Marquise Brown’s uncanny journey to setting the single-game receiving record at Oklahoma begins right where most stories in modern history begin. At a hospital.
In Brown’s home state of Florida, Shannon James had just become pregnant around the time she got other news that changed her life. Her blood pressure was through the roof, and doctors said her kidneys were eventually going to fail. They said her pregnancy was at risk, and she had a choice.
“I chose to keep my baby,” James says now, thinking back on her family’s long journey.
For the better part of nine months, James was sick and on bed rest. She spent most of that time in the hospital, where she wasn’t allowed to eat, hooked up to IVs that pumped nutrients into her and her unborn child, the aggravating wires and pricks serving as a necessary lifeblood.
Finally, Marquise Brown was born on June 4, two weeks early. He weighed 5 pounds, 6 ounces.
“He came out, and he was a little guy,” James said.
Brown was small and a bit premature, but he was perfectly healthy. After two weeks in the hospital, Brown got to go home. From that day on, James says, he brought life to the family.
James raised Brown and his older sister, Shanice, on her own, with help from her parents. Her baby boy would go on to beat the odds in so many other ways, but the biggest challenge he ever faced was simply being born. A story of determination started with a mother’s love.
“He was my miracle baby,” James said.
Shannon James always did her best to raise her children despite a desperate circumstance.
Today, 25-year-old Shanice Brown looks back in awe of how her mother made it work.
“Sometimes we didn’t even realize the things we went without,” Shanice Brown said. “My mom really did an amazing job of not allowing us to feel so much of the struggle.”
After giving birth, James’ health only got worse. She experienced kidney failure and spent at least five years on dialysis. She went through her share of rough stretches, where she would have to stay in the hospital while the kids stayed with their grandmother.
Once, Shanice recalls, the doctors went into what they call “code blue” and had to perform a resuscitation. There was another long period where James was extremely ill, and family was worried she might not make it.
All this meant that even when James was able to be at home, she couldn’t work. She raised two kids mostly off social security and government assistance, her unemployment not at all a measure of her indomitable will.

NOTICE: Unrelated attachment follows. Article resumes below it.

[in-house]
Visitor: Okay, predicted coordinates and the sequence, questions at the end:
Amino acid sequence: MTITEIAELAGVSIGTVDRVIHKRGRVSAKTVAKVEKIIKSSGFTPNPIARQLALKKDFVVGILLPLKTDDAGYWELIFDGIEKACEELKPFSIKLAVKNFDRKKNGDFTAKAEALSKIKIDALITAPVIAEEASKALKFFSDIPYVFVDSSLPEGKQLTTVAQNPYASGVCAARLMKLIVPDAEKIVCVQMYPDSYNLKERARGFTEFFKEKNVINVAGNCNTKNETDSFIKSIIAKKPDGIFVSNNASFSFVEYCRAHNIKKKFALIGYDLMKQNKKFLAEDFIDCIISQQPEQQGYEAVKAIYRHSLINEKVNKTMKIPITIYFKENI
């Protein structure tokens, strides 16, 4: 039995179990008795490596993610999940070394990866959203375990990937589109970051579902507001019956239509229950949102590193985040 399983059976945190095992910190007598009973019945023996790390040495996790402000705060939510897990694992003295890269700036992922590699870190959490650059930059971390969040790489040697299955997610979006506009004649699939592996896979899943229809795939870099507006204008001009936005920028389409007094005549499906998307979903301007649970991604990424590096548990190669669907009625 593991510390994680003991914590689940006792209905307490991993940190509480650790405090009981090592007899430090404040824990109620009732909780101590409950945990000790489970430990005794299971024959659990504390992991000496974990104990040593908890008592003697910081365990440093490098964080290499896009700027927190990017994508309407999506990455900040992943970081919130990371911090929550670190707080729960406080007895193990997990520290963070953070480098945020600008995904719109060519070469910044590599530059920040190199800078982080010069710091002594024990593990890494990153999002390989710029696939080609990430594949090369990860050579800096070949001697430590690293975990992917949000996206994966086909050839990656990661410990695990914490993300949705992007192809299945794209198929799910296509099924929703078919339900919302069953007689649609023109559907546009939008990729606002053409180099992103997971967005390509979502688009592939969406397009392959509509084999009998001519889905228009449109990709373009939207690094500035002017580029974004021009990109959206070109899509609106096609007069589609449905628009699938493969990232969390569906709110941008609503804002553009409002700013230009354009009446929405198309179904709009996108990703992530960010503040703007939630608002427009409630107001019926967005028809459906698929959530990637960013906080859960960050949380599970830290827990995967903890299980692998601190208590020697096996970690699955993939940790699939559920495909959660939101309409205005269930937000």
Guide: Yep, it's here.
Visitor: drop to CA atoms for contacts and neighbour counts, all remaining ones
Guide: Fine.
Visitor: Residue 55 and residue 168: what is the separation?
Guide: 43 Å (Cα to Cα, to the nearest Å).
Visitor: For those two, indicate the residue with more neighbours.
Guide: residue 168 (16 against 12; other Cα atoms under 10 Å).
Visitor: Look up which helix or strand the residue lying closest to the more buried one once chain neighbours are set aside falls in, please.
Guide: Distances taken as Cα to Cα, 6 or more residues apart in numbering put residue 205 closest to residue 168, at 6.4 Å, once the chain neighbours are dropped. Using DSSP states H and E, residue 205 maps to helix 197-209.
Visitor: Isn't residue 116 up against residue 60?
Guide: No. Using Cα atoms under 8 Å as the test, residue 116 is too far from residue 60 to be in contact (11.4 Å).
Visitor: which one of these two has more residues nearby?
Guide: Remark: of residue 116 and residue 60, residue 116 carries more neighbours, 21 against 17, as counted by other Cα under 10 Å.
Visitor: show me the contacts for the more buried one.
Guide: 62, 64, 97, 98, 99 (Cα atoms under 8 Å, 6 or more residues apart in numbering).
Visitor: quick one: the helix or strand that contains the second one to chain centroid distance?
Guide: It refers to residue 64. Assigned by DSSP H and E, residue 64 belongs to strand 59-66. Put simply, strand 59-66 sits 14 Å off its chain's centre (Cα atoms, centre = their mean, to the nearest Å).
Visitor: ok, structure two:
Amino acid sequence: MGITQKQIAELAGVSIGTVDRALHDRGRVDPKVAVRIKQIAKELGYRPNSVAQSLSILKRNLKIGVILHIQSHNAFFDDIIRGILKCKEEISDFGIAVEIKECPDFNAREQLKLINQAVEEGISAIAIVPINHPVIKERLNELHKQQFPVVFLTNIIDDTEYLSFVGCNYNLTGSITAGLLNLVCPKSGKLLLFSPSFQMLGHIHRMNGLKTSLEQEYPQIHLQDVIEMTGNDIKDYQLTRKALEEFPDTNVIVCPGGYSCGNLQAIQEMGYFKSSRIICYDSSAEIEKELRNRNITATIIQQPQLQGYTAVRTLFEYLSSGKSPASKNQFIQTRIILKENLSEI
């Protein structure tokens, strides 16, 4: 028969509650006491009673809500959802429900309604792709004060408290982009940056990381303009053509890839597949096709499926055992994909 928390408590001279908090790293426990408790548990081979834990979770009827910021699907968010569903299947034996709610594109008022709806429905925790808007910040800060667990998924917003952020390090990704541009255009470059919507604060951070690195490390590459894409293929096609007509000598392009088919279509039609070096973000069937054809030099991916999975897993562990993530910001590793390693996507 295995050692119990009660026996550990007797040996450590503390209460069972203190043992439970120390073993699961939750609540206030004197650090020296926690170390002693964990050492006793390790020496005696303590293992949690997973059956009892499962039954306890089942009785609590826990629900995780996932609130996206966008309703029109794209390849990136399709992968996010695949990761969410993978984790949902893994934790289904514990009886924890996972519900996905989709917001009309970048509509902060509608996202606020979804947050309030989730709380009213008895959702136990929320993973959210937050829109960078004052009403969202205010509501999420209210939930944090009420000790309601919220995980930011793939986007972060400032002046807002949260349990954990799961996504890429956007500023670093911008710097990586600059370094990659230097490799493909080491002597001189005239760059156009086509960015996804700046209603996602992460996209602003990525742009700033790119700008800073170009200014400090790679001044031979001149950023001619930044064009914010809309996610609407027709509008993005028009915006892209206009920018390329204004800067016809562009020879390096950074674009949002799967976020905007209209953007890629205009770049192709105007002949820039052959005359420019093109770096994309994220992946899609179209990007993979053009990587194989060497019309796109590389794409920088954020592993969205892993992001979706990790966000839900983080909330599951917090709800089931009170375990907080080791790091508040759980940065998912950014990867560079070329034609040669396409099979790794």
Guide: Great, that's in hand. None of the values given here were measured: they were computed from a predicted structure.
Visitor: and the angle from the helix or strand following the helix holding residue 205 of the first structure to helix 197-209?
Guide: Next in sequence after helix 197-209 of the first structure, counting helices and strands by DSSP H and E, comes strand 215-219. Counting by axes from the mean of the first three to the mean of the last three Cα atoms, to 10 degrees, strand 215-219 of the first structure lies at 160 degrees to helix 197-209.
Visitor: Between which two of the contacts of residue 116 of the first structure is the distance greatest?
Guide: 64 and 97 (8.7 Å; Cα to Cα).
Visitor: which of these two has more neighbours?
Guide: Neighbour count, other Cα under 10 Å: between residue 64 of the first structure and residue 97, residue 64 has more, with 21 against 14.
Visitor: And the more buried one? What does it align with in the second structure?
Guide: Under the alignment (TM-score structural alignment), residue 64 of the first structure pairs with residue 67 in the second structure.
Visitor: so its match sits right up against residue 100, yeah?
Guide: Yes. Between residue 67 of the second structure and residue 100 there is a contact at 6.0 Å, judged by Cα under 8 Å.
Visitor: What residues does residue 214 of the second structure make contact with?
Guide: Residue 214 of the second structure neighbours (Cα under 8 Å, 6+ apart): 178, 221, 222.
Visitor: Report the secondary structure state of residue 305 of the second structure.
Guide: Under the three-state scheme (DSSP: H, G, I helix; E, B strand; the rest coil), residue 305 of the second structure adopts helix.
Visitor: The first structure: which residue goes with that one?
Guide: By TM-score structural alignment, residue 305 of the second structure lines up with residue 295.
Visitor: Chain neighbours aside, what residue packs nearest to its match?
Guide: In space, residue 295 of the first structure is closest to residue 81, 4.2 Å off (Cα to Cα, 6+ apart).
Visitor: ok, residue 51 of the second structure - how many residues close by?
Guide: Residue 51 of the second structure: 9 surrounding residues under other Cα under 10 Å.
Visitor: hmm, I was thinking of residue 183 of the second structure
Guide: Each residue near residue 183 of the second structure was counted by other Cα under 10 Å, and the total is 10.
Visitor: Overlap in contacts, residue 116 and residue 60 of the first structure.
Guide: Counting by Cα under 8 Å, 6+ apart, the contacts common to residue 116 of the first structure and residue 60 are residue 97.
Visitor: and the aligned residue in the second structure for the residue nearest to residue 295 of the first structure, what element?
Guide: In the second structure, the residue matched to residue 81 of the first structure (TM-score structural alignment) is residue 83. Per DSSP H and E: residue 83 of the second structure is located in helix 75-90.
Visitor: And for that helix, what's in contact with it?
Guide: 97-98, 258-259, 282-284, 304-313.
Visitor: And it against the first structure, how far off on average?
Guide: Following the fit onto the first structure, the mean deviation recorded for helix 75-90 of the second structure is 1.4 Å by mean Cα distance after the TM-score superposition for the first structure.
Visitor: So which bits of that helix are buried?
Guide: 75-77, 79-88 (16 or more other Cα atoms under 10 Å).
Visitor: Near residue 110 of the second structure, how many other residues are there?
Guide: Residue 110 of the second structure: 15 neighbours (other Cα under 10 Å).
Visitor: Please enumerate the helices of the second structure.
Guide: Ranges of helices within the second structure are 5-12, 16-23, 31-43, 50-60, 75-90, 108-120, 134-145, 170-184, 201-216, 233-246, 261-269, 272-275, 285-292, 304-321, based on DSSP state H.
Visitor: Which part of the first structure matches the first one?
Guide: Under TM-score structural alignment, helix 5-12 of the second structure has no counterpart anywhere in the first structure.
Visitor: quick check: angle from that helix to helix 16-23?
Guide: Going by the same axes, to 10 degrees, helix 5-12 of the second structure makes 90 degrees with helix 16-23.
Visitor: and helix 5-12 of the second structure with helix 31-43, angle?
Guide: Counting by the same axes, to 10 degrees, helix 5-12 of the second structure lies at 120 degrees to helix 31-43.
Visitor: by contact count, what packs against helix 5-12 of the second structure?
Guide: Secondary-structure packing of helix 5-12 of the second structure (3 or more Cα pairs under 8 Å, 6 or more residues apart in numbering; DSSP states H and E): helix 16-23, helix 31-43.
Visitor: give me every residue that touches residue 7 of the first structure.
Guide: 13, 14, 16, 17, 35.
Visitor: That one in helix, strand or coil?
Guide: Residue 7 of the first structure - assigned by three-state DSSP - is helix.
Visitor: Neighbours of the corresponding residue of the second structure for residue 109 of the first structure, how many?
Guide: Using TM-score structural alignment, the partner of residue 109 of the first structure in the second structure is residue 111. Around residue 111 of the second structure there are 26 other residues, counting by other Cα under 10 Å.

“I never (saw) her cry,” Shanice said. “I don’t know if she did that privately. She always was so strong and kept her faith in God. That was another thing that inspires me now as an adult. Seeing how strong she was going through that, that was so terrifying to us as kids.”
Together, the family made things work. When Brown was entering sixth grade, James was able to move her family out of the rougher part of Hollywood, Florida, where there were drugs on the corners and violence all around.
James and her two kids developed a tight bond through the adversity, and they loved to have dance battles in the living room.
And in some ways, James always knew Brown was destined for something great.
When Brown was 2 years old, James put him in a Dan Marino jersey for Halloween, and he never wanted to take it off. His entire life, James never saw him with anything but football on TV. He would watch games and highlights, then play NCAA or Madden on the PlayStation.
She said Brown was always a simple kid. He was obedient and never had problems. He could be quiet, but loved to laugh and be goofy.
All he really wanted was to play football, but from his days playing peewee, coaches doubted his size. He was always the smallest, but he was also always the fastest. James remembers more than one occasion where Brown wasn’t getting to play or wasn’t getting the ball. Then he’d finally get one touch, and no one could catch him.
Once, a coach came up and apologized.
I’m sorry, I didn’t know he was that fast.
Brown went on to star at Chaminade-Madonna High School, where long touchdown receptions or dynamic kick returns fill his highlight tape.
A Facebook post from 2014 shows Brown getting letters from schools such as Miami and Memphis, but it seems those college letters never materialized into offers.
Brown was well under 6 feet tall and probably weighed 130 pounds coming out of high school. Interest was minimal, but Brown always told family he was determined to play at a Division I school.
Brown also says he “slacked off” on his ACT, and that resulted in him being a late Division I qualifier. In May 2015, he announced his commitment to Utah State. The exact story behind why Brown never played at Utah State isn’t clear, but James says it was related to the ACT, and Ted Iacenda, who would eventually coach Brown at College of the Canyons, offered his own theory on how Brown slipped through the cracks.
“My inclination is that he was probably a late, late qualifier, either coursework or test score, so all the schools moved on,” Iacenda said. “And his size. And lot of the bigger schools were probably put off by, ‘Hey, academically it’s a stretch. He’s not ready right now. And he’s 130 pounds’. … That’s kind of what I got from Marquise in our discussions. (Utah State) was the only school that was really interested that late in the game, but they had to move on, and so he kind of just sat out the semester and decided to go the juco route.”
So with his dreams on hold, Marquise Brown spent the fall of 2015 at home in Florida. He had looked for a place to play football, but no luck. He looked for a job, but no luck. Every morning, though, he would get up, grab his set of cones and walk down to a local park, where he’d work out and go through his own drills.
“He would still focus like he was on a team,” James said. “There was no stopping Marquise.”
The whole time, Brown says he was in contact with coaches. It was hard for his family to keep up with every single move, but Brown had extended family in California, and another player helped him get in contact with College of the Canyons.
His mother was initially apprehensive about the idea of him going 3,000 miles across the country, but he visited a few California junior college, and Canyons became the right fit.
“He never gave up,” James said. “He never took no for an answer.”